Talking Through Issues

This week's article is going to be just slightly different. This isn't a hilarious anecdote, or a bunch of advice - instead, I'm going to present the situation we once ran into in one of my groups, how we worked through it, and maybe - just maybe - how you can do the same when needed.


We were halfway through our Star Wars: Edge of the Empire campaign, playing through the "Mask of the Pirate Queen" adventure. And at one point, due to circumstances beyond our control and totally unavoidable (sarcasm), we got arrested. However, as part of our arrest, we had our gear taken away. We managed to fight our way out of custody, but it became clear that our equipment was far away, and we may not be able to recover it anytime soon...


After the game, a few of us hung out for a while, and the topic came up: "Why did you take our gear away?"


I don't GM the "Star Wars" games (surprising, I know, considering how many games I run, and also how much time I spend watching Star Wars, but I looked over at our GM, wondering how he was going to answer.


But I knew the answer even before he said it: "Your gear was breaking the game."



We'd only been playing Edge of the Empire for a few months, but we had acquired some really good technology and armor as part of our ongoing missions, and some players had managed to modify that gear to a pretty intense level. And part of the reason we did those modifications is because it feels satisfying to roll a whole bunch of dice and know you're going to do incredible damage if you hit.


But as we talked through the issue, late at night on a Saturday, sitting around our GM's living room, it became clear there was another reason we kept trying to build a better gun, and why we keep trying to upgrade our armor.


Our party felt we need better weapons and armor because the combats were getting more lethal. But for the GM, the combats were getting more lethal because our weapons and armor were making the fights too easy.


To be fair, the players' issues with losing their gear weren't based on trying to break the game - in fact, our most minmaxing player said, "You should definitely never give us our jet packs back, they were making things way too easy." But at the end of the previous arc, some of the party had acquired armor as a reward. Yet now they felt their armor was being taken away, and our GM conceded that he certainly could have communicated better with us, and let us know why some of our gear was being lost to us.


Part of the issue is we had a group of seven players. And another part of the issue is that we tended to think through our combats tactically - EotE has a "popcorn"-style initiative system, so everyone rolls for initiative, but any player can take a player slot; unlike D&D, you are not tied to the initiative you rolled for yourself. However, we would always give the first few slots to the same few players, because we knew they would be able to do the most damage in a single turn. Which, of course, led to redundant combats.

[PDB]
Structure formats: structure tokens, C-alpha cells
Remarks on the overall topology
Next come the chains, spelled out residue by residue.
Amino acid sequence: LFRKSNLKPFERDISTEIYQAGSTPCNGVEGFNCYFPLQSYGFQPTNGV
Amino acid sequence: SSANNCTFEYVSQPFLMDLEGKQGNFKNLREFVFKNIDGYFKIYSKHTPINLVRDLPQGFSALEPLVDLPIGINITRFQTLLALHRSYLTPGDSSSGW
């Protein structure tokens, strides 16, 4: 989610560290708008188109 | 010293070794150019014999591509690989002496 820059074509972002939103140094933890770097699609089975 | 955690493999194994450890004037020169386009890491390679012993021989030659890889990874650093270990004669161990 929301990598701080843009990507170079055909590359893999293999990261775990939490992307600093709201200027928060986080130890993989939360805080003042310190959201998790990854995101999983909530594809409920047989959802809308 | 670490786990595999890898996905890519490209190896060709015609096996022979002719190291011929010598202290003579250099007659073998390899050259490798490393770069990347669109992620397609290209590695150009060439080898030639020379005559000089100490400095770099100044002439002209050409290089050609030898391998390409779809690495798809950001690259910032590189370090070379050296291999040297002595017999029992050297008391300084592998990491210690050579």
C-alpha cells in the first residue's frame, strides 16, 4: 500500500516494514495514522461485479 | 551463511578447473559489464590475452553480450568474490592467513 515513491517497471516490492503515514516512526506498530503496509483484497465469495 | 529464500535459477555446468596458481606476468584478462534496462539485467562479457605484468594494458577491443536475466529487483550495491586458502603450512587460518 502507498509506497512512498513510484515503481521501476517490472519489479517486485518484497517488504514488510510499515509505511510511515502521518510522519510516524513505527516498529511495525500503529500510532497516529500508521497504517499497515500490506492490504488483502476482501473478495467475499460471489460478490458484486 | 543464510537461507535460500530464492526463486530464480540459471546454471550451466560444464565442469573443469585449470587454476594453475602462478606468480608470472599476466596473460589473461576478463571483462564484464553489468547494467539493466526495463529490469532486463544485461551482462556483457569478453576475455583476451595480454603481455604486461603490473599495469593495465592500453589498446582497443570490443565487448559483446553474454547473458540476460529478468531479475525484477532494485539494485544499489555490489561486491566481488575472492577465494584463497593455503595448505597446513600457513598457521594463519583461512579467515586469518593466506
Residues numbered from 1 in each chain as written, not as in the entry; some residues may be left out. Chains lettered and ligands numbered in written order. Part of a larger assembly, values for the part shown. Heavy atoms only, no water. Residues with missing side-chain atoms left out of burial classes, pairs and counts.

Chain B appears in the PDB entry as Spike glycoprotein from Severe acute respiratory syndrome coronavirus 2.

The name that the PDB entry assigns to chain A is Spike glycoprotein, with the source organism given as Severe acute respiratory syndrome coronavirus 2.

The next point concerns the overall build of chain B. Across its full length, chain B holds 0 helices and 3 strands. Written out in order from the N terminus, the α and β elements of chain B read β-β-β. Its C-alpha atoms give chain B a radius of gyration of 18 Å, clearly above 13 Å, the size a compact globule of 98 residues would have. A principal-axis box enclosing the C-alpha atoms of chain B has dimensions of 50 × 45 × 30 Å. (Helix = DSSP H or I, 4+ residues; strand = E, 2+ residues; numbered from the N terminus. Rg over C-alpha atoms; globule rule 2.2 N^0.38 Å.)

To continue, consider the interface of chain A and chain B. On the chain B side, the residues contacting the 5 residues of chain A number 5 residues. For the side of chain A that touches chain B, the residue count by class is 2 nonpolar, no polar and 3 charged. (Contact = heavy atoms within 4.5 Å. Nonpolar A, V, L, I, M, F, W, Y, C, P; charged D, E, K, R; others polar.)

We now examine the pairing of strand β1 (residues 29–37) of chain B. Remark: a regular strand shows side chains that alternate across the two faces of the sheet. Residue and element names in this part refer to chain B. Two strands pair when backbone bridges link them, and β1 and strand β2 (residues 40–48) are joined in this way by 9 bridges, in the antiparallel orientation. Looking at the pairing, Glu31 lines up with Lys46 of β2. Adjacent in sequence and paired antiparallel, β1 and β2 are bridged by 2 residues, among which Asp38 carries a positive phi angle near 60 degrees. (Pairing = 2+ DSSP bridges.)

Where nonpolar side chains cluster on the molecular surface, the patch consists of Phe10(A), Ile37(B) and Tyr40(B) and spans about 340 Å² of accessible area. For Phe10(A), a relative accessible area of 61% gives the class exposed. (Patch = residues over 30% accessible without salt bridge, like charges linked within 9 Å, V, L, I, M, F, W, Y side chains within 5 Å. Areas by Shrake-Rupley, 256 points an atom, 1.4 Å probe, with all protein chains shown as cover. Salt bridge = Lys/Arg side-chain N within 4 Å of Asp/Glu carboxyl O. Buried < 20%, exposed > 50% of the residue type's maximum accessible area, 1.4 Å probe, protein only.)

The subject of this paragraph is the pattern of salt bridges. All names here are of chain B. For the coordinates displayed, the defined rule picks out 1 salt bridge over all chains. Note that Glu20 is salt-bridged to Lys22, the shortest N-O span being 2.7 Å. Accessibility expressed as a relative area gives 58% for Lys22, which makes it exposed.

From here, the conversation turned to mixing things up. EotE is very game-able, but we spent too much time focusing on cover - one of us brought up that just adding more unique details to fights (like a pipe of sewage running overhead, or a speeder full of luggage sitting nearby) could help make these fights more dynamic. And again, due to the more story-based elements of EotE, the onus to add those details is not all on the GM's shoulders.


And at that point, we were on a roll, so we moved on to the issue of role-playing. Our group had always been a bit more beer-and-pretzels, but it became clear during the conversation that the party wasn't doing very much role-playing anymore. So, we started talking through that issue, and how to address it. Early in the campaign, our GM sent us surveys to establish more about our characters, and how they felt about each other. But the problem there was that we all filled those surveys out independently; once we got back to the table, none of those ideas really came along with us.


So, at the beginning of our next session, we spent about 45 minutes going around the table and establishing connections. How do the two Force-sensitive characters feel about each other? How do the gun-fighters feel about each other? Our Toydarian sleezebag (who recently lost an arm, because after all, this is Star Wars) established that his relationships with the entire group are going to start changing, in light of his character's recent brush with death.


From there, we figured out how to address the other issues we discussed. Our combats hadn't been engaging enough, so going forward we would lay a whiteboard on the table, so we could more easily visualize the environments and add details to the combat scenes. We didn't want to fully use miniatures, but at least helping everyone get on the same page about geography can make a huge difference.


The point of all this isn't just to share with you the things that worked for us, because these may not be the answers for your own group. Instead, my point is this: if there is an issue at the table, it has to be addressed. Chances are, if you explain your position, you'll find there are no enemies at the table, only friends who all want to have fun together.


And if there's something getting in the way of that fun - be it a rules discussion, a lack of connection to the other player characters, or just a question of why your very cool and ridiculously overpowered gun got taken away - then you have to talk it through with your group. If your fellow players can be reasonable (and there's no reason they shouldn't be), you'll be able to find a happy medium for everyone.



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